The resistance is alive and well. On Jan. 20, millions of Americans joined in the streets for the second year of the Women’s March, protesting for fair and equal pay, fighting for the #MeToo movement, and united in opposition against President Donald Trump and the GOP. The Women's March has become one of the largest grassroots movements in the country. But for all its success in mobilizing angry and inspired participants, many argue the protest is still struggling to clarify its broader purpose as it evolves. It is a problem the march shares with some of its activist peers.
In that sense, Women's March organizers would do well to look to one of the most successful grassroots political groups to seize the stage in 2017: graduate students. No, really. Though you might not know it, graduate students have been at the forefront of numerous campus protests in recent years. Last year's successful campaign against the “grad tax” may be their most significant victory yet.
Consider this: As the GOP rushed last fall to force the tax bill through the House and Senate, graduate students across the country organized – in days, not weeks – nationwide walkouts, rallies, phone banks and mailing barrages. The Grad Tax Walkout was born just one day before the original bill passed; within days it had grown to include dozens of campuses. In the following weeks other universities followed suit, with walkouts and popup phone banks that made hundreds of calls to congressional representatives in the days between the bill’s final passage.
The thing is, their strategy worked.
Thirty-one House Republicans flipped, killing the tuition waiver changes and calling the tax “unfair” in a letter to congressional leaders. The signatories represent districts from across the country but share one thing in common: The majority represent districts with at least one major university. Putting pressure on representatives is no easy task, but graduate students succeeded because they found their message, and with it, their coalition.
“We wanted to bring a variety of groups together to see the ways in which we're all together. What are our common policy goals? How can we bridge the divide separating groups with different ideological or partisan views?” said Maggie Nettesheim-Hoffmann, a graduate organizer from Marquette University.
That common policy goal – ending the grad tax – became the central focus of protests at hundreds of universities nationwide. The Grad Tax Walkout, the largest of the early protests, leaned heavily on issues of affordability, highlighting the massive 400 percent increases in income taxes that came with the original GOP bill.
“This would be devastating, my taxable income would more than double,” said Hannah Khoddom, a USC graduate student, in a statement from the Grad Tax Walkout.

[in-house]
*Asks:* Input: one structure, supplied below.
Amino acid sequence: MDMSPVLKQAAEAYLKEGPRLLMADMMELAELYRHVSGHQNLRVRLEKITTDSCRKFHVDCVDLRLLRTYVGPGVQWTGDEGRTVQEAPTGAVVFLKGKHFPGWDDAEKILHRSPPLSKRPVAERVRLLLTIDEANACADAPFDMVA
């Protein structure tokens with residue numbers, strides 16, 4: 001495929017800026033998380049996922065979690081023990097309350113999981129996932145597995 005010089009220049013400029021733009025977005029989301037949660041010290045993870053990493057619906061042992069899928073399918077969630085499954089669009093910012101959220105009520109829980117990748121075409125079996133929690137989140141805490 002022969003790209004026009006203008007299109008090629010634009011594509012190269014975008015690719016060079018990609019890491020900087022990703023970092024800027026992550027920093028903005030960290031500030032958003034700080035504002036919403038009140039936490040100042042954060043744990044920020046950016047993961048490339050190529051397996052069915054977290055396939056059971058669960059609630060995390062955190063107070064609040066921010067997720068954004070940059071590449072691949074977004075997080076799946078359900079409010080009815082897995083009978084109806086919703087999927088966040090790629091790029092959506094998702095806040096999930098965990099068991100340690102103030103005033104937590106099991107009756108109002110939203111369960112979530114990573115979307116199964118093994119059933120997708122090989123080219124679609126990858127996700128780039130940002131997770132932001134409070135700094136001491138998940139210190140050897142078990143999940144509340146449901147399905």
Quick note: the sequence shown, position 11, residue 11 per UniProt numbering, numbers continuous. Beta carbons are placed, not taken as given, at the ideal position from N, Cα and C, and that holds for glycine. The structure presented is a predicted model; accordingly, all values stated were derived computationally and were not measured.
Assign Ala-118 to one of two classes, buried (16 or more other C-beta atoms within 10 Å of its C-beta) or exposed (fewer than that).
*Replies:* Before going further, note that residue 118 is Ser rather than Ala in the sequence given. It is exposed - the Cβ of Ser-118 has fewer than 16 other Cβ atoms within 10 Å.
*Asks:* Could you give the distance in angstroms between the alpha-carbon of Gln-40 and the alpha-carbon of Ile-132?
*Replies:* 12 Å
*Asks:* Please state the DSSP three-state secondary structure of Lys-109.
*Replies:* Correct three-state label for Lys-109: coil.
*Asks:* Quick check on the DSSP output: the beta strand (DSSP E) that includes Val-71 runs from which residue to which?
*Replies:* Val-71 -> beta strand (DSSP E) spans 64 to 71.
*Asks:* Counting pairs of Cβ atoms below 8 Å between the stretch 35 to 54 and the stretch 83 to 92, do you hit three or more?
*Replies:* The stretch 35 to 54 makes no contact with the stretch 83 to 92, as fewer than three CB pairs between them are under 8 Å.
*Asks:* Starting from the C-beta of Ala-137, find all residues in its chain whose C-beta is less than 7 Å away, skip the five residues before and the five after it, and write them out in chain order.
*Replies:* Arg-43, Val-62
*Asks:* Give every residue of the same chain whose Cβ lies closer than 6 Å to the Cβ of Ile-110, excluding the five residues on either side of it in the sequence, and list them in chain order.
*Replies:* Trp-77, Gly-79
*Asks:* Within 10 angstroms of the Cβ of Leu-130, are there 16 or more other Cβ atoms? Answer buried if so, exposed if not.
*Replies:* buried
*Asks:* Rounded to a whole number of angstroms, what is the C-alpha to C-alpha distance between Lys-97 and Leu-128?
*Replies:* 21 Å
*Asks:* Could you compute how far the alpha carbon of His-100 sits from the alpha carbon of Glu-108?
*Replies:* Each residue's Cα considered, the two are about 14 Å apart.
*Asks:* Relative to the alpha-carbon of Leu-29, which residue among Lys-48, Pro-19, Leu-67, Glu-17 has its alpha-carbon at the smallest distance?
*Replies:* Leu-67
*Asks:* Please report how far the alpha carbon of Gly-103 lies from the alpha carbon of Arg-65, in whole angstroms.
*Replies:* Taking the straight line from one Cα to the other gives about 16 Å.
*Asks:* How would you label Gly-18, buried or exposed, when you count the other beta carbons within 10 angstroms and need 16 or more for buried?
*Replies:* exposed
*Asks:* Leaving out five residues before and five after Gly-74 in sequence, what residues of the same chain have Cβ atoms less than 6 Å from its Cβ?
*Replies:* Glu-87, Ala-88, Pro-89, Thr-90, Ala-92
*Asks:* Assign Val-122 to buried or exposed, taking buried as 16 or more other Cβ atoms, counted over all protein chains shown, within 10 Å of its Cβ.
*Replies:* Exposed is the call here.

This line of attack helped organizers like Khoddom and Nettesheim-Hoffmann reject political polarization, arguing instead for cooperation from students across the political spectrum in order to preserve their common interest: graduate programs. “We really didn't see a political divide between Republican and Democrat or liberal and conservative regarding this particular provision because it was going to impact all graduate students,” Khoddom added.
The message resonated especially in Milwaukee, where students from Marquette and UW-Milwaukee converged on the steps of Milwaukee’s federal courthouse, with support from members of the Democratic Socialists, the Not One Penny campaign, Indivisible, and the March for Science. It’s also the message that galvanized students nationwide.
“It was important to us that our message be non-partisan,” Nina Jhaveri, a USC graduate student, told The Atlantic. According to Jhaveri, who is an outreach coordinator for USC’s national protest campaign, the non-partisan approach helped protests spread to 68 campuses – including 32 in red states.
This is no small feat. Major campus protests in the past have often devolved into infighting and scorned potential allies. Others have simply lost their narrative as a university struggles with whiplash generated from their message. Some protests asked for things that couldn’t be given in the first place.
In protests against the grad tax, organizers carefully avoided tactics that would disrupt university operations – in other words, tactics that excite the attention of right-wing media and, in many cases, turn off the public.
“We take our responsibility as teachers very seriously,” said Reed Heintzkill, a graduate student organizer from UW-Milwaukee. “The disservice to our students that an all-out walkout would cause is not in anyone’s interest. Grad students are unique in being both suppliers and consumers in higher education, and we very much want the university to continue its operation.”
Protesters across the country followed this logic, sparing their respective universities the need to shut down or suspend classes, which in turn made it all the easier for administrators and alum to back their graduate students, even in Trump states like Pennsylvania and Oklahoma.
The lesson to draw for big-tent protests appears clear: Political purpose and policy goals give a protest purpose. And when it comes to politicians, they respond to pressure. With GOP incumbents in increasingly perilous standing in 2018, there may be no better time to learn a few lessons from the past in order to win some big battles that are just around the corner.